History

The current ice arena was built in the 1975 by local citizens as a temporary facility. The city purchased it in 1984. Nearly 45 years later, it stands as the only indoor ice facility in the Northfield and Dundas area.

In Northfield's November 2008 Comprehensive Plan, the Municipal Facilities Space Needs Assessment was cited, which concluded that the current ice arena is no longer keeping up with current demands -- specifically, issues related to ADA accessibility, locker rooms and seating capacity were referenced. 

Northfield Ice Arena Advisory Board

In 2016, the City of Northfield convened an advisory committee -- the Northfield Ice Arena Advisory Board -- to assist and guide staff in a thorough review of current ice arena conditions, assess needs and demands, evaluate cost sand alternative facility options resulting in recommendations to be presented to the City Council. For 19 months the board met, reviewing options for how to best address the deficiencies of the facility while balancing the recreational needs of the community.

Full agendas and meeting minutes of the Northfield Ice Arena Advisory Board can be found on the City of Northfield's website. Key documents presented throughout the process include: 

facility Options

The following is a summary of the analysis the Northfield Ice Arena Advisory Board completed.

Maintain the existing arena | $1.3 million over 10 years, assuming regular maintenance

  • Substandard facility – insufficient and unsafe locker rooms, bathrooms, meeting rooms, and lobby
  • Not ADA compliant – difficult for mobility impaired patrons
  • No subsoil heating system
  • Refrigeration unit is being phased out
  • Insufficient parking
  • Not a regulation-sized rink
  • No option for 2nd sheet of ice
  • Facility is past its useful life span and will need to be upgraded or replaced in the near future despite this maintenance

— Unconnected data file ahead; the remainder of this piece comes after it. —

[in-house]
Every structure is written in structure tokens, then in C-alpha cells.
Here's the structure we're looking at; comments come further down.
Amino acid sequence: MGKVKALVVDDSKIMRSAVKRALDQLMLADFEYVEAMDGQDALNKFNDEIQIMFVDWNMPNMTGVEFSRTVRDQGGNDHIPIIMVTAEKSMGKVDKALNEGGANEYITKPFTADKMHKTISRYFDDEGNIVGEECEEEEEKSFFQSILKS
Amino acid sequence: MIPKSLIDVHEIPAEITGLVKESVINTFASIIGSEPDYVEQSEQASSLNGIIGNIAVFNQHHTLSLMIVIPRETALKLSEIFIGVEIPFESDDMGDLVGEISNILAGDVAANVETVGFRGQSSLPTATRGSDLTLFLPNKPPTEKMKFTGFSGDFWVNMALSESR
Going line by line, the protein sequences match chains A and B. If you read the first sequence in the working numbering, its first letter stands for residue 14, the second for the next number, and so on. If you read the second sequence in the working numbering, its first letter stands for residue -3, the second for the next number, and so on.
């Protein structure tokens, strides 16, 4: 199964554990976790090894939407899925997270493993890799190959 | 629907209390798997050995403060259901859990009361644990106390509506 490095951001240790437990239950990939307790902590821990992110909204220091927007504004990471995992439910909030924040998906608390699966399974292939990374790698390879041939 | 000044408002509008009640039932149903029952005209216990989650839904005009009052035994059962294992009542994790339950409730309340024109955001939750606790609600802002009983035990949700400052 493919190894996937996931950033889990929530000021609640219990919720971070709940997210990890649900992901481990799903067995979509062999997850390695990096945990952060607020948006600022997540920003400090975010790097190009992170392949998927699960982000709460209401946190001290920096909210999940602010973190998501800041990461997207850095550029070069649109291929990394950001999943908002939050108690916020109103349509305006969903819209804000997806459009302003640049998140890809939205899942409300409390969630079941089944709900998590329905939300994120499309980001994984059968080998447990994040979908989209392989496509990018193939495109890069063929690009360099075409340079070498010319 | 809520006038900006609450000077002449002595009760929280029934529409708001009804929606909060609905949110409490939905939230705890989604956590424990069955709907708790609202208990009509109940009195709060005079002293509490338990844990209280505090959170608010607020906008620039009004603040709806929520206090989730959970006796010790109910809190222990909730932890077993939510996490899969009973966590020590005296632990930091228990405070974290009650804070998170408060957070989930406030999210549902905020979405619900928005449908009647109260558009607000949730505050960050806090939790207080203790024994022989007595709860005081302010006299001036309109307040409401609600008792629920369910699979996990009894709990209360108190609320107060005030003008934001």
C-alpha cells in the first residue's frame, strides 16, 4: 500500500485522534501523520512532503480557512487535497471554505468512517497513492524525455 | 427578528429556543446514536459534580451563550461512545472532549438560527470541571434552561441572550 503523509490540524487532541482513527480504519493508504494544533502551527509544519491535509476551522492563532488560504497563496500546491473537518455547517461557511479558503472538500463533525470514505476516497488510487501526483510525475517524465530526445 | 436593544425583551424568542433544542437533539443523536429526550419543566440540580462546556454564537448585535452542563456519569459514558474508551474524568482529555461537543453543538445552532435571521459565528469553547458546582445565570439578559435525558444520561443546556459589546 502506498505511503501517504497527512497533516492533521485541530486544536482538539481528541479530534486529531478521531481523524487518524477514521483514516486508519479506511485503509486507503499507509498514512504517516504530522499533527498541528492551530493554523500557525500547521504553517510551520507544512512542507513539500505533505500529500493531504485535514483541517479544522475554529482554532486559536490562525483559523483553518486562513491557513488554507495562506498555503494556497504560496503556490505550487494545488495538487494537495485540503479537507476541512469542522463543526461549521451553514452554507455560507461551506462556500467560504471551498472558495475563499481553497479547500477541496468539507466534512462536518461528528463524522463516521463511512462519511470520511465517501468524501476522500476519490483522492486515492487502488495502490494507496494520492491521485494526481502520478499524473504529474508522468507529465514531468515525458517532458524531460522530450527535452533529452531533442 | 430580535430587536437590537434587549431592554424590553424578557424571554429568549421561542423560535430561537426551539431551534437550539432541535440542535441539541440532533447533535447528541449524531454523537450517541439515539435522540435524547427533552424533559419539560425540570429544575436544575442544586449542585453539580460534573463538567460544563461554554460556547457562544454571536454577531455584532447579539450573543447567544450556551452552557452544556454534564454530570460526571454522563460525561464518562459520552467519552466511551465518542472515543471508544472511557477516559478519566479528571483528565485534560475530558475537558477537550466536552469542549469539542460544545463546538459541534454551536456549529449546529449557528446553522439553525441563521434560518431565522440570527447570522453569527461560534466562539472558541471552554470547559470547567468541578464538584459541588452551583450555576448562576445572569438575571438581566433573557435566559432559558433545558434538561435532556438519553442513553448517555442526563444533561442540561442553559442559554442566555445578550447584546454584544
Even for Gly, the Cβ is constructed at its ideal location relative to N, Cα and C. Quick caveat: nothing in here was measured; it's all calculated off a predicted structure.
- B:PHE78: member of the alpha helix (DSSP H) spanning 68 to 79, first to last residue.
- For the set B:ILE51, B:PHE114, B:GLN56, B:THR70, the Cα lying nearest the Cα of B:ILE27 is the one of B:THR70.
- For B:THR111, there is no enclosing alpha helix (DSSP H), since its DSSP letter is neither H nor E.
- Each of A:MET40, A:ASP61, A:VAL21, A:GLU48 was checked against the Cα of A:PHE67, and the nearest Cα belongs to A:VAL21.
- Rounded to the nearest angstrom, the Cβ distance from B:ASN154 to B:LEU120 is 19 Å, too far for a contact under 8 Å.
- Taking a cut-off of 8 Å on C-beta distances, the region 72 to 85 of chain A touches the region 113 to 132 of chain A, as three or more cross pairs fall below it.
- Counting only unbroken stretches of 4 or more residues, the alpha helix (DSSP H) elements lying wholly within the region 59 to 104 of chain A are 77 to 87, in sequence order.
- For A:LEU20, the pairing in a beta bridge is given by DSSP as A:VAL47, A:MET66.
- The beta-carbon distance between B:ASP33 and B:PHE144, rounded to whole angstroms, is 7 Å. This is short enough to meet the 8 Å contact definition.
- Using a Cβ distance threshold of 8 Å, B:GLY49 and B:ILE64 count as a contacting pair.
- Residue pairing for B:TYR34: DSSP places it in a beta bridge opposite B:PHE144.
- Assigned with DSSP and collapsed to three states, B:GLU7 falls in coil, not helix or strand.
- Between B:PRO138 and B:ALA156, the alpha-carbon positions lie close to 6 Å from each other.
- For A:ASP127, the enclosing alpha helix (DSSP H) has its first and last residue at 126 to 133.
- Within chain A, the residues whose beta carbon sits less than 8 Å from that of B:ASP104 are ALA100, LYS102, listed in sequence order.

Upgrade the existing facility | $7 million

  • ADA compliant, remains difficult for mobility impaired patrons
  • o increase in spectator seating
  • No heating system for non-ice events
  • No sub-soil heating system – no additional ice will be available
  • Insufficient parking
  • No option for 2nd sheet of ice

Partner with St. Olaf to build a second rink on their property | $17.2 million

  • Costs more to connect to Skoglund and finishing will be required
  • Need to build a road to North Avenue
  • Access to the St. Olaf arena will be very limited during the non-school hours that is needed for youth hockey and skating school programming
  • There would be no option to add a needed second community rink

Build a single-sheet ice arena | $15.9 million

  • 7 acres of land donated to Northfield Hockey Association close to amenities (estimated value = $850,000)
  • Option to expand to a second sheet of ice
  • Will allow ice to be utilized year-round
  • Sufficient locker rooms, meeting rooms, bathrooms and lobby space
  • Will not allow for indoor land sports, conventions or other community uses.

Single Sheet Ice Arena

$6.8 million from property taxes over 20 years

Build a community civic center | $21.2 million

  • 7 acres of land donated to Northfield Hockey Association close to amenities.  
  • Multi-use, modern facility that is ADA compliant, up to code, safe for users and spectators, and useable by the entire community
  • One sheet will have ice year-round, second sheet will be removed in spring/summer months for other civic uses to be determined
  • Economic impact to the Northfield area: $1.3-1.8 million annually

community civic center

$8.8 million from property taxes over 20 years.